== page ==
Over a million Allied airmen flew missions over occupied Europe during WWII. Many of their planes were shot down, but the parachute played a pivotal role in saving the lives of tens of thousands of these troops. Fascinating stories of miraculous parachute drops abound. Today's post covers a few experiences of Royal Air Force (RAF) flyers. If you missed the previous stories, you can find them here and here.
|Blenheim Aircraft Used by the R.A.F. Courtesy of Canadian Forces via Wikipedia. Public Domain.|
In July 1940, Sergeant Roger Peacock's Blenheim was seriously damaged by flak when returning to Britain after a bombing run near Wilhemshaven, Germany. Peacock was the mid-upper gunner on the flight. (See the gunner turret midway back on the aircraft pictured above.)
After both engines stopped on the Blenheim, the pilot gave the order to bale out at 6,500 feet, and he and the observer jumped. Unfortunately, Peacock didn't hear the order. The aircraft went into a slow spiral dive at about 4,000 feet, and Peacock didn't know if the pilot would recover in time.
Twice Peacock called over the intercom, asking if he should bale out, but no one responded. He figured the guys up front were too busy to reply. After waiting until the plane had descended to 1000 feet above the ground, he asked again if he should bale out. No reply. So he removed his parachute and moved forward to the cockpit. Finding he was the only person left on the aircraft, Peacock returned for his parachute, clipped it on and looked out the escape hatch. The altimeter registered he was at 450 feet.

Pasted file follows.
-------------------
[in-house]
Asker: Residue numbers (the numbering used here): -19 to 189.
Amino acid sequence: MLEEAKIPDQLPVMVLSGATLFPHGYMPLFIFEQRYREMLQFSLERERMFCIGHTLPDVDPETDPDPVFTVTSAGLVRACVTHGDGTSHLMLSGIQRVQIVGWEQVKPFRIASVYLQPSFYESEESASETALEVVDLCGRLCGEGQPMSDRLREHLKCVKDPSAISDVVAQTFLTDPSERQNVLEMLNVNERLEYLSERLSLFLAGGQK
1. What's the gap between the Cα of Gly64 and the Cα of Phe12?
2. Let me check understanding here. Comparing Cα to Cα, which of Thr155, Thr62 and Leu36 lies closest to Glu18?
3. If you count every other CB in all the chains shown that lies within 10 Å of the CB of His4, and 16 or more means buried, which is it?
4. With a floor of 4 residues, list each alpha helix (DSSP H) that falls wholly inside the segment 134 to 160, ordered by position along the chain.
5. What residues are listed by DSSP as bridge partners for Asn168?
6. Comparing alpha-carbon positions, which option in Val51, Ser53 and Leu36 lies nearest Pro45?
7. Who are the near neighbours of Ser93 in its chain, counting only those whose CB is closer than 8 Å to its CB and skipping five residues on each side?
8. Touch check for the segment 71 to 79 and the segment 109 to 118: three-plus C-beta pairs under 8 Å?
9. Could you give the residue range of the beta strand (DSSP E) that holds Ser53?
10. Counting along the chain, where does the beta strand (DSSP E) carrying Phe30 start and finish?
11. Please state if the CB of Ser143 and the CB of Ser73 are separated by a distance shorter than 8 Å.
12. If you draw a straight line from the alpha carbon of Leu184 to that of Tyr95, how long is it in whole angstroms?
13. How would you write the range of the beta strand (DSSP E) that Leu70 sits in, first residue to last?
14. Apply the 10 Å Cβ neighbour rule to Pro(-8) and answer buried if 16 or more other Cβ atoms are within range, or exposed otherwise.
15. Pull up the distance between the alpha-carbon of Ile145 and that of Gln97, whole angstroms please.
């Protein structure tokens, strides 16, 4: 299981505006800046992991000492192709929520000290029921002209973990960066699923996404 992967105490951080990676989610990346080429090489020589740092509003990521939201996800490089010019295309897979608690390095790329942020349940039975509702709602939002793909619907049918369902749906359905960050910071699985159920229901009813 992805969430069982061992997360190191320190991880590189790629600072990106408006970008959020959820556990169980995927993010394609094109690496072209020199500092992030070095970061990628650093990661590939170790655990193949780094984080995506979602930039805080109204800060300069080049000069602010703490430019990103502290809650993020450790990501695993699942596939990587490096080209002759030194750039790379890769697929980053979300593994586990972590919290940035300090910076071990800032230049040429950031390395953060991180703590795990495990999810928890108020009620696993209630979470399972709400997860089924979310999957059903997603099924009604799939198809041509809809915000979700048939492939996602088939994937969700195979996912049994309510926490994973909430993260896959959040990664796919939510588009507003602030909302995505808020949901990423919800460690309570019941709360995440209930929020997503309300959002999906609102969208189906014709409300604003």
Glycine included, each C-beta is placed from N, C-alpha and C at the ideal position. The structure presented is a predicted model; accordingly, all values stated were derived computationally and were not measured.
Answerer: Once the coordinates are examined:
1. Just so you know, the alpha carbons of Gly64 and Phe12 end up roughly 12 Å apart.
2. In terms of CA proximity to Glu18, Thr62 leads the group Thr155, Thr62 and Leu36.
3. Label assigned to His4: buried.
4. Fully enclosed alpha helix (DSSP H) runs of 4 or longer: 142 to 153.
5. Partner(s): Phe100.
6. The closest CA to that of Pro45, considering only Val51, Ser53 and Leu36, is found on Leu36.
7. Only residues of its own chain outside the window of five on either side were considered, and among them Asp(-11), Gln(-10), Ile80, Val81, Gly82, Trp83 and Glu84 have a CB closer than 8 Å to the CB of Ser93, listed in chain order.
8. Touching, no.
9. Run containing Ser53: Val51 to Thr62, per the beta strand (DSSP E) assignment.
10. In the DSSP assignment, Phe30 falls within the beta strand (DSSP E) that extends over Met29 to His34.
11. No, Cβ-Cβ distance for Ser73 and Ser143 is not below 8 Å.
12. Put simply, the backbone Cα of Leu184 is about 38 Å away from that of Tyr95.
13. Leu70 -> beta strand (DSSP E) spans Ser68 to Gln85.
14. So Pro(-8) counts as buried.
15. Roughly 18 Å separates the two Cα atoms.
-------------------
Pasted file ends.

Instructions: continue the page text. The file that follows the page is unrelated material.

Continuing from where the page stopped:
Peacock jumped. Even though it was dark, he detected the black carpet of the ground below him. His parachute began to stream; however, he knew he'd jumped too late. Then a miracle unfolded. "The Blenheim crashed under him and exploded. A blinding orange flash lit up the ground for hundreds of yards." This caused "a great upsurge of hot air. A few feet from the ground the blast snapped his canopy fully open and blew him upwards and sideways away from the blazing aircraft. When he landed safely a few moments later he was some distance from the wreckage, in another field."
Because Peacock stayed with his aircraft for so long, he overtook the pilot and observer who had baled out much earlier, and he reached the ground before them. The pilot came down close to Peacock five minutes later, and the observer landed in a ditch several miles away.
|R.A.F. Vickers Wellington|
On a training flight in a R.A.F. Wellington, Sergeant F. W. R. Cumpsty baled out right before his aircraft crashed in the Welsh mountains. He was only fifty feet above a mountain top. A gale-force wind carried him away from the top and into a valley, allowing time for Cumpsty's chute to open. "He landed safely 200 feet below the peak."
Return on June 1st to read more stories of miraculous parachute escapes during WWII.
Mackersey, Ian. Into the Silk: The Dramatic True Stories of Airmen Who Baled Out - and Lived. Sapere Books.